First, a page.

Ways & How

how to culture bacteria

how to culture bacteria

Bacteria are all around us, thriving in the environment, and getting on well on their own. Sometimes, we tend to forget that they’re there at all, and no matter how often we’re warned to wash our hands or to handle food properly by observing good sanitary practices, we tend to find this inconvenient and not bother to do so. Having overall good health can help make our immune systems strong enough to counter most attacks on our health so that we don’t feel its effect. That’s why we tend to take cleanliness and proper care for granted. Since bacteria can also not just be harmful but useful, many researchers use them in scientific experiments. But you don’t have to be a scientist to work with bacteria. But first, you would need to learn how to culture bacteria.

  1. Get materials. You’ll need Petri dishes, sterile swabs, packing tape, marker, and gloves. Petri dishes are round glass dishes with a top that allow you to grow your cultures without contamination from the environment. The kind you buy should contain agar medium and nutrients.

    to use, keep the Petri dishes stored upside down (with the cover on the bottom) in the refrigerator to keep condensation from dropping into the growing medium.

  2. An hour before you start working, remove the Petri dishes from the refrigerator and set them upside down in a safe place to allow them to get to room temperature. When the Petri dish is ready, you can collect samples. Using a sterile swab, collect samples from places you usually touch: a doorknob, stair railings, your phone, etc. You can even swipe it across your tongue, or your pet’s; use one swab per sample. Carefully streak the swab across your agar surface in an “S” pattern.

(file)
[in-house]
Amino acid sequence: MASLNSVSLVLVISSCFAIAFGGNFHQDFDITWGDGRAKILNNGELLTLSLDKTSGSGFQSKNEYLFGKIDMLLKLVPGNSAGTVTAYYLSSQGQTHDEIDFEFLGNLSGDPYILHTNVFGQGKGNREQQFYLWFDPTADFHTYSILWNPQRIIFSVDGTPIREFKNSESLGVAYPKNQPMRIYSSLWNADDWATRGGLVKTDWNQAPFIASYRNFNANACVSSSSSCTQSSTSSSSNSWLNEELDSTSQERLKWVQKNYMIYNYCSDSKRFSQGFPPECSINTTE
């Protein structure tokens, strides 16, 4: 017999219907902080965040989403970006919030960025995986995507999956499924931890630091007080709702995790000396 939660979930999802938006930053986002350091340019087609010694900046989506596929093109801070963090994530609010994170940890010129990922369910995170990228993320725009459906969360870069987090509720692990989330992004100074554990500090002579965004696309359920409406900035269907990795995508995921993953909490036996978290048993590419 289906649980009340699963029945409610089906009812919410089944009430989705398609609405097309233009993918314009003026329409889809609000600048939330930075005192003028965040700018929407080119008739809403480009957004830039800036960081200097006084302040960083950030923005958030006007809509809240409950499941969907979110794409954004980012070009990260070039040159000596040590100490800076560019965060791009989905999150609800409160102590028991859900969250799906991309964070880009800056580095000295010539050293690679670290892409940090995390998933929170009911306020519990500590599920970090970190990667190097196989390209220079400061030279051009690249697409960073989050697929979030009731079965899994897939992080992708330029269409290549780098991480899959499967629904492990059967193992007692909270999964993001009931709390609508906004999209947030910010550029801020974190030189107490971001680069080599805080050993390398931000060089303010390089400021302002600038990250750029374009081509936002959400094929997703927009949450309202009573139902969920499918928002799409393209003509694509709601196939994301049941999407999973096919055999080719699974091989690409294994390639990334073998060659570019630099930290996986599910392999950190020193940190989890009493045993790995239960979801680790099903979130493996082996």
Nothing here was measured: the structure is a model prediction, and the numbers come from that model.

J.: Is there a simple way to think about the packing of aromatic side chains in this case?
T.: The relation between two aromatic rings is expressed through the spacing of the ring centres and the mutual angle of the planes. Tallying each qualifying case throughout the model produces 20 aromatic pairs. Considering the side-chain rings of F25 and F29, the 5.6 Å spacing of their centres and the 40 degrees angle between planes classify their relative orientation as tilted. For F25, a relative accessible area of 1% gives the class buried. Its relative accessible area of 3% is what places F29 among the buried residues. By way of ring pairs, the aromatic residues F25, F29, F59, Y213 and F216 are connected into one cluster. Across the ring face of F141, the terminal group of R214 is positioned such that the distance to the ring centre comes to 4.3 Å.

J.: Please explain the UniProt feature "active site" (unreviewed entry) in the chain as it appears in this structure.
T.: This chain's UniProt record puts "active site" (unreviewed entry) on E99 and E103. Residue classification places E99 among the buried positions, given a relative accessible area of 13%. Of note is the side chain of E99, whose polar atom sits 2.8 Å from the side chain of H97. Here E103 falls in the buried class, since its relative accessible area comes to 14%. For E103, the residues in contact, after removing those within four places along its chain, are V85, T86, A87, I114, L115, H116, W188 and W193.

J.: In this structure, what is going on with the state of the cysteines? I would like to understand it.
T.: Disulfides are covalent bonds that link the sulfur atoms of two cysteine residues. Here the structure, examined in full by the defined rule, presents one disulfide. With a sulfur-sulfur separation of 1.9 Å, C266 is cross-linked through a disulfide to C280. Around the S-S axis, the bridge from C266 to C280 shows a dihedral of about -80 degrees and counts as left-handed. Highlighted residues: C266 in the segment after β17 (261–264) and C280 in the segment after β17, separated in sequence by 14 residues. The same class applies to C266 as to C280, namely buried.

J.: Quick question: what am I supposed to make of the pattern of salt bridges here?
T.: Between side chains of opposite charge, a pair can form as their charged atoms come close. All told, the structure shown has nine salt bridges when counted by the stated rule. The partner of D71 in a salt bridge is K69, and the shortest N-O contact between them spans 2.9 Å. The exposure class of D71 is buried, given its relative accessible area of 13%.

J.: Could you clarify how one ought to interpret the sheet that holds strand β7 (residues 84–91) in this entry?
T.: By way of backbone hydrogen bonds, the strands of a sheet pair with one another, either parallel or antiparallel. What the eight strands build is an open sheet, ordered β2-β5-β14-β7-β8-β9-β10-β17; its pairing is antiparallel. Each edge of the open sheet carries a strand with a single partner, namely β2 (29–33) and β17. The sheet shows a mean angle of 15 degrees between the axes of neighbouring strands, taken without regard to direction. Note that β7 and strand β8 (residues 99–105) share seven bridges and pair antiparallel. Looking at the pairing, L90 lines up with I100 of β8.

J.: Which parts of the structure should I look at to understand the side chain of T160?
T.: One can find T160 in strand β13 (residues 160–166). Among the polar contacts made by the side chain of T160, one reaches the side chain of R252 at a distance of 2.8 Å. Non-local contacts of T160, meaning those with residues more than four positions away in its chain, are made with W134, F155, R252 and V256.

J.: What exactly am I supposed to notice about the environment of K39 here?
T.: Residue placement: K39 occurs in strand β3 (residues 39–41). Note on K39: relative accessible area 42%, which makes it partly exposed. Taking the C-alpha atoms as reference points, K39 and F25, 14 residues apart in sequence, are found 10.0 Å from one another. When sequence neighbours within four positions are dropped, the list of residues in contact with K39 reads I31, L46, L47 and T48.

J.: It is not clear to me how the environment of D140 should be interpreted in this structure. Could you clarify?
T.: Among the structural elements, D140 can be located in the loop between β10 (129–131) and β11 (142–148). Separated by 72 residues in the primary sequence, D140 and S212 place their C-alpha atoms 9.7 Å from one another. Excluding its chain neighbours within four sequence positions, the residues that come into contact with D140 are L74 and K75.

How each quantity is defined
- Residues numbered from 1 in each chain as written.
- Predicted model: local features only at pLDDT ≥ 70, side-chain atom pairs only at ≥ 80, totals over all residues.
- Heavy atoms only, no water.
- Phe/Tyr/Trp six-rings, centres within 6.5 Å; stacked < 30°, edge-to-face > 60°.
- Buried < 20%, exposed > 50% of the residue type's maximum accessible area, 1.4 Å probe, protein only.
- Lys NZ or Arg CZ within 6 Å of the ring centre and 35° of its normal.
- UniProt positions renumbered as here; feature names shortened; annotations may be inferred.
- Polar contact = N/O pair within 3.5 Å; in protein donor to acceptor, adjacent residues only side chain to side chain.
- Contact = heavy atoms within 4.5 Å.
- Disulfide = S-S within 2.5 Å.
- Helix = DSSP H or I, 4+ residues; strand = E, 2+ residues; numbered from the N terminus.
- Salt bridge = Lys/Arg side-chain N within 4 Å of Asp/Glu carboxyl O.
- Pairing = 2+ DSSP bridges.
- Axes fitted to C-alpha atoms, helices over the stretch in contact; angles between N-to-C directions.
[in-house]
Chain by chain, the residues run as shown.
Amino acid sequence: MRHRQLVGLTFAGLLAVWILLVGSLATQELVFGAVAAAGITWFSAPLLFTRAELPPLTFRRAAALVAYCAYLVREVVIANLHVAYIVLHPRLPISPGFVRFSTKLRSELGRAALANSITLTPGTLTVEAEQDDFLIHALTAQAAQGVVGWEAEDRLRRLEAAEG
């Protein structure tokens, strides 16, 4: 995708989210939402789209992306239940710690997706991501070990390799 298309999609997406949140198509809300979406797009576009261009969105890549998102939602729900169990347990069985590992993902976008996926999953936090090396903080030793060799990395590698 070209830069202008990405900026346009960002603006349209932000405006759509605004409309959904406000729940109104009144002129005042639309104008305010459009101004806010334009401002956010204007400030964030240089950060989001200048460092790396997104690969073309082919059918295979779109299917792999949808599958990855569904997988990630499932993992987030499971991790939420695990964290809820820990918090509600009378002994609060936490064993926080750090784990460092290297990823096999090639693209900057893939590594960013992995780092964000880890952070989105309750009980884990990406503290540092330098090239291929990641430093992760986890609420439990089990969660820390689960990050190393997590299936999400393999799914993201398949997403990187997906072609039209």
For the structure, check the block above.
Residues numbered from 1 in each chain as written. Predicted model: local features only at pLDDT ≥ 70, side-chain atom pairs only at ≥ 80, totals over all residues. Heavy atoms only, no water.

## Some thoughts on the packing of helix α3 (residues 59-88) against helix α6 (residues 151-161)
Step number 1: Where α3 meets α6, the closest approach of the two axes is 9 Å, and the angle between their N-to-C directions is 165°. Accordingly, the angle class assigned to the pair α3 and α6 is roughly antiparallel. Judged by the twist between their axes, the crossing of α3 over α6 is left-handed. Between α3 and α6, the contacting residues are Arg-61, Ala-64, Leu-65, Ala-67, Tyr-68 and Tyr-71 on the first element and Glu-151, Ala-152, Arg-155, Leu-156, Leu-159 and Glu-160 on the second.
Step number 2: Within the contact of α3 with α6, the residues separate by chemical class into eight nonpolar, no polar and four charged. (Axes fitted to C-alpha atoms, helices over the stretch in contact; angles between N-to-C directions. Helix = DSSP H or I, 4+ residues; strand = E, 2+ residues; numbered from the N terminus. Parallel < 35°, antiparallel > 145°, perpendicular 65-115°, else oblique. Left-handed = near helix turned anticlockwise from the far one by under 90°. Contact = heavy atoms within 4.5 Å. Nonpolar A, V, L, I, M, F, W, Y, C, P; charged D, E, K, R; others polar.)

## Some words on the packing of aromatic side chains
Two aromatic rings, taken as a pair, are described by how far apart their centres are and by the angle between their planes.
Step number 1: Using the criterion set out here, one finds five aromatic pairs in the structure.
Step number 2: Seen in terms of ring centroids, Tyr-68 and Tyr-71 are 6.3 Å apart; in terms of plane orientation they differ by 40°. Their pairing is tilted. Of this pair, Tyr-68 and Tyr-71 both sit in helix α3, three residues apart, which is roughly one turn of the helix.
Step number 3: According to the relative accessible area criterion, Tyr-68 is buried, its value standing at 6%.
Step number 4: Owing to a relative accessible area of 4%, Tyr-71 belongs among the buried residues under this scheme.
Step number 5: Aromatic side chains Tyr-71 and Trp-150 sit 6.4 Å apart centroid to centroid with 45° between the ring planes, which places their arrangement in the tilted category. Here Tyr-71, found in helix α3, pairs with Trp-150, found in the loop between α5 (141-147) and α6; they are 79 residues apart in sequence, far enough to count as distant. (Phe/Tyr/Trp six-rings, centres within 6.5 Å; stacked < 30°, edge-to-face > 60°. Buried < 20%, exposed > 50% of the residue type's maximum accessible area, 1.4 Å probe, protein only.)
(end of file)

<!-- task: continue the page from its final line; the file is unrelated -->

Be careful not to tear the medium, and take care that nothing else touches the surface aside from the swab. If you want, you can gently press your bare fingers directly onto the agar surface to get a direct sample from your hand.

  3. Cover the Petri dish, tape it closed, and label each one carefully to identify the sample or source of the bacteria in it.

  4. Store the Petri dishes upside down in a safe, warm location—ideally a dark, warm cupboard—but not under direct sunlight or a heat source. Wait three to four days.

  5. Take out the Petri dishes and see how much bacteria has grown. You don’t have to open the cover. You could note the color, texture, shape, and other descriptions of the bacteria you observe, noting where you got the sample from.

  6. To clean the bacteria, put on gloves. Be careful in handling the Petri dish because it can make you sick. Do not open the dish near any food, drink, or food preparation area. Open the cover of the dish and pour in a tablespoon of bleach. Cover it back up and tilt the dish to spread the bleach inside so that the entire surface comes in contact with the bleach. Seal with tape, put in a trash bag, and dispose. Also dispose of the gloves, and wash your hands thoroughly.

Finding out how to culture bacteria is not as fascinating as actually growing them and observing the results. It can be a great experiment from which you can learn a lot. So get to growing.


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